07/21/2002 11:00PM

Beach weather brings out the stars


DEL MAR, Calif. - The cheery seaside atmosphere of Del Mar provides California racing with a clever appearance - fun and games at the beach, for seven weeks starting Wednesday.

A mild breeze drifts in from Pacific Ocean, and a lazy 2 p.m. Pacific post (4 p.m. Fridays) allows latecomers and afternoon simulcast bettors full access to the six-day-a-week racing schedule (Wednesday through Monday). Del Mar is a vacation postcard, with a twist - its most treasured attributes have four legs.

Each summer, the best horses in California produce the finest racing of the year. "At Del Mar, everyone comes to run," noted trainer Cliff Sise. His Rock Opera faces Mountain Rage on Wednesday in the stronger division (fifth race) of the $75,000 Oceanside Stakes for 3-year-olds on turf. The second division is the eighth race.

While the credentials of four-time stakes winner Mountain Rage are established, Del Mar is best symbolized each year by a fresh crop of 2-year-olds. Division highlights include the Grade 2 Del Mar Futurity on closing day, Sept. 11, and the Grade 1 Del Mar Debutante for fillies Aug. 31.

Familiar faces also resurface. Kona Gold, champion sprinter of 2000, seeks redemption Saturday in the six-furlong, Grade 2 Bing Crosby Handicap; female turf star Golden Apples returns Saturday in the Grade 1 Ramona Handicap. Beat Hollow, the country's top turf male, runs Sunday in the Grade 1 Eddie Read Handicap.

The older horse division is focused on Aug. 25, date of the Grade 1 Pacific Classic. The $1 million race has been won six of 11 times by Bobby Frankel, though his current chances suffered a blow when Mizzen Mast was injured last week. Bob Baffert, leading Del Mar trainer the last five years, is pointing Congaree to the Pacific Classic. Kentucky Derby winner War Emblem is considered a possibility.

While stakes races command publicity, Del Mar's overnight program remains the backbone. At Del Mar, deeper fields lead to generous payoffs. The median win mutuel last year exceeded $9, the median pick four payoff was $1,277. Bettors supported racing last season by wagering more than $12 million daily; purse distribution last year was $514,107 daily.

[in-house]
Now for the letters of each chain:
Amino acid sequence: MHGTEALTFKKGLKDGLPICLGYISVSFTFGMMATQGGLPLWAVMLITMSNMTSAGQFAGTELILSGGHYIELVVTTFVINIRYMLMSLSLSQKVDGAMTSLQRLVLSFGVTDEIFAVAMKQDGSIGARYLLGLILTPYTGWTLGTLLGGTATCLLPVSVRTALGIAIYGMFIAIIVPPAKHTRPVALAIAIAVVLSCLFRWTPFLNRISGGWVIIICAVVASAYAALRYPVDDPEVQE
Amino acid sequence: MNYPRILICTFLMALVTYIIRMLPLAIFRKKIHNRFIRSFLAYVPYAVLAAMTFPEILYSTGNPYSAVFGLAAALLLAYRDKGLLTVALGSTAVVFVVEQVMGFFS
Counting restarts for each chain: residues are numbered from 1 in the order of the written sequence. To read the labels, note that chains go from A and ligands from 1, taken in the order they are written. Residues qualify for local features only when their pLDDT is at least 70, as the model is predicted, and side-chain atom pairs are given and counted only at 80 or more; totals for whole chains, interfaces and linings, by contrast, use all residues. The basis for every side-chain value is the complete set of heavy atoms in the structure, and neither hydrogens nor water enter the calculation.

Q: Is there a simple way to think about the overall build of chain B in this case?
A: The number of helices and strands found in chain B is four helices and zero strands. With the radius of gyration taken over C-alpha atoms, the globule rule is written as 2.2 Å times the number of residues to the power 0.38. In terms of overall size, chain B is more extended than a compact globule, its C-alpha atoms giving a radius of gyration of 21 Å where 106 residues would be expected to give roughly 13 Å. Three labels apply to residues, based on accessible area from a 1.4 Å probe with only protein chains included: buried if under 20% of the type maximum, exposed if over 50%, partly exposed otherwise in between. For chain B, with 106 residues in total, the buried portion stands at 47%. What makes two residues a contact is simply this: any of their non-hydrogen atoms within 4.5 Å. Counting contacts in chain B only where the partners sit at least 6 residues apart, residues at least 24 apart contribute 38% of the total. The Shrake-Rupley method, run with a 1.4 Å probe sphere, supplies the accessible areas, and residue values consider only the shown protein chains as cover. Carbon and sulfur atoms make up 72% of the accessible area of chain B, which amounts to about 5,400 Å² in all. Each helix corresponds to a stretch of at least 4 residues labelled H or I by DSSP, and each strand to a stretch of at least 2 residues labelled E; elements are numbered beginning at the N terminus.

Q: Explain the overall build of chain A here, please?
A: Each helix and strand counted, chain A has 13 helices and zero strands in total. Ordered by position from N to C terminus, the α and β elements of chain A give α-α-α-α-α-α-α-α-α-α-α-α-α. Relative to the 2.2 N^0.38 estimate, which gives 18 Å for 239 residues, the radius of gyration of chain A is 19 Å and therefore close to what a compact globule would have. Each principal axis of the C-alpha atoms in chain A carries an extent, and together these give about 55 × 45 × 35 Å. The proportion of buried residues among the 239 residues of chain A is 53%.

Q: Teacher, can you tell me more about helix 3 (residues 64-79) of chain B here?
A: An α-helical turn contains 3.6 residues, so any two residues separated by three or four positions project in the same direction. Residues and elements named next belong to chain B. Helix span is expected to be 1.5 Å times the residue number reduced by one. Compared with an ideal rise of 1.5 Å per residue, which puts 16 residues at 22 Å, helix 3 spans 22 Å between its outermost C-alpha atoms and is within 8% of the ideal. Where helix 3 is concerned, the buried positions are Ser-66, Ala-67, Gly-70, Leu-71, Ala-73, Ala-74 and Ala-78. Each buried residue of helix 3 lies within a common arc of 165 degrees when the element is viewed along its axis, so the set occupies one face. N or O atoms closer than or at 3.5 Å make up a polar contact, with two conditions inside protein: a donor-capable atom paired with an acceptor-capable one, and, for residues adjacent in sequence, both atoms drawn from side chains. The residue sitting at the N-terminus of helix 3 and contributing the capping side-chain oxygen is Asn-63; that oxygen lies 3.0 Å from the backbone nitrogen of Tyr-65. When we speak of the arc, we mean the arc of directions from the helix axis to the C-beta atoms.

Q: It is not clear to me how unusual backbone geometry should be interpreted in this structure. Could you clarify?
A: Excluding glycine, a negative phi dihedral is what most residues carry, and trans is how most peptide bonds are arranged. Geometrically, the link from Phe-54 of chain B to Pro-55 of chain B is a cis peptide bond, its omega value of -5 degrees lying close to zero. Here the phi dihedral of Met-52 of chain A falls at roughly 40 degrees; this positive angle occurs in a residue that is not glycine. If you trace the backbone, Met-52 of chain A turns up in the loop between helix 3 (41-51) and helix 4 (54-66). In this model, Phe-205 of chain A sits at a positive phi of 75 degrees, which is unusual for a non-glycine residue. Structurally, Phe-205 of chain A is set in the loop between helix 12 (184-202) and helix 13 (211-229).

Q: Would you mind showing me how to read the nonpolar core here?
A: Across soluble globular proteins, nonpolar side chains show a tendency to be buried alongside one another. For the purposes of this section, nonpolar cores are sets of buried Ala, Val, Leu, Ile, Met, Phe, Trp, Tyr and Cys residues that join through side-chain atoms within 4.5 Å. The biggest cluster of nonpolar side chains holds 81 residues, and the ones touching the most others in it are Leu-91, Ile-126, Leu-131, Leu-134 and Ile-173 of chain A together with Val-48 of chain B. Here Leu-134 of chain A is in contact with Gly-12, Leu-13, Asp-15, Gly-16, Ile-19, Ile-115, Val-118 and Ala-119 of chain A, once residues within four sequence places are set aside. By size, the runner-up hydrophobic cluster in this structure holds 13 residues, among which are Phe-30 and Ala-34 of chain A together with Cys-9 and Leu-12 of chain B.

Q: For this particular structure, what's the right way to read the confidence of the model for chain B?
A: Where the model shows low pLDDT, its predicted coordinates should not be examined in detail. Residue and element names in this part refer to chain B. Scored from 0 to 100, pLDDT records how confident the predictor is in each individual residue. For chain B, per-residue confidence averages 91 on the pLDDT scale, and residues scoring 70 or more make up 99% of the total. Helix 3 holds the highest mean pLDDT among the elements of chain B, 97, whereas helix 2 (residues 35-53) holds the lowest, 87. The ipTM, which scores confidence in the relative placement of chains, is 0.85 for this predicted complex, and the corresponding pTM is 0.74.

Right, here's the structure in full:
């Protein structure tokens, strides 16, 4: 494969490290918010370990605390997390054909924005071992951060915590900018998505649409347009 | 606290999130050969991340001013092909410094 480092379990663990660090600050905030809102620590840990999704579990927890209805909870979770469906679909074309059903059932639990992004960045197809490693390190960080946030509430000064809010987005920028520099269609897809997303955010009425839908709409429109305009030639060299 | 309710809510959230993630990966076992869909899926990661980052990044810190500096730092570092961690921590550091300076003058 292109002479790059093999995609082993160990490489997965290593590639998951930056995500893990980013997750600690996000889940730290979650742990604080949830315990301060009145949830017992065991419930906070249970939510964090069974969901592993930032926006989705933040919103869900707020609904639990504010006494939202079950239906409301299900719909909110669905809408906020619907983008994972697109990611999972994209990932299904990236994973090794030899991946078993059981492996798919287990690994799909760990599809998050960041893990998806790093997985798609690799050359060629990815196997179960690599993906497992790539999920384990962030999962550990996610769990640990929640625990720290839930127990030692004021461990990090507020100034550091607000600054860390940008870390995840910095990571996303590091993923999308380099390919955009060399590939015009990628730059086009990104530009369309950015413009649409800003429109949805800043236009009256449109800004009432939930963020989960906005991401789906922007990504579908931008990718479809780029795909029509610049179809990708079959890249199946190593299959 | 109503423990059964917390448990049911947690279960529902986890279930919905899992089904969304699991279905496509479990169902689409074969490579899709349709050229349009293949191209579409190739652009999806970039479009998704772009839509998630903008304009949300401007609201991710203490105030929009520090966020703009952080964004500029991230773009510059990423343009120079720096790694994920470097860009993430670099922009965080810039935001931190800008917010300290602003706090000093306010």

An emerging trend has been the above-average performance of favorites, who have won 36 percent since 1997. The inclination will be tested Wednesday when Baffert-trained Mountain Rage starts as the solid Oceanside favorite. The mile turf race for 3-year-old attracted 15 entrants - seven in the first division, eight in the second. The race was split by necessity; the maximum number of starters in a Del Mar turf race is 10.

The Oceanside is the first leg of a three-race series for 3-year-olds on turf. The Grade 3 La Jolla is run Aug. 17, followed by the Grade 2 Del Mar Derby on Sept. 7.

Mountain Rage qualifies for the Oceanside by the narrowest of margins. Restricted to horses who have not won $50,000 (first prize) in 2002, Mountain Rage earned $49,230 winning his last start April 14; earned $47,460 winning March 14; and $46,110 winning Jan. 6. Owned by George Jacobs and Jill Moss, Mountain Rage has won 5 of 9 and earned $297,570. David Flores rides Mountain Rage.

Rock Opera may have been favored had he drawn into the second division of the Oceanside. "It's like night and day, they couldn't have made it any tougher," said trainer Sise, comparing the fifth and eighth races. Nevertheless, Sise suggests Rock Opera may be up the challenge. A winner of 2 of 3 starts, Rock Opera's June 15 win was flattered when runner-up Chiselling returned to win the Grade 3 Lexington in New York. Previously, Rock Opera finished third behind next-out stakes winners Regiment and Captain Squire.

"He's been around good horses, and he's better since his last start," Sise said. "The turns are a little tighter here than Hollywood, and he is on the outside [in a field of seven]." Laffit Pincay rides Rock Opera, whose rivals include Johar, Saphir Indien, Point Prince, Sunkosi, and Six Hitter.

While there has been discussion that some stables ran out of stock this summer at Hollywood, Del Mar secretary Tom Robbins said "in screening stall applications, there are fresh horses out there." They include some who ended up in the second division of the Oceanside. They are Mutinyonthebounty, a Group 2 winner last year in England, French shipper Dream Machine, and stakes-placed Holdthehelm.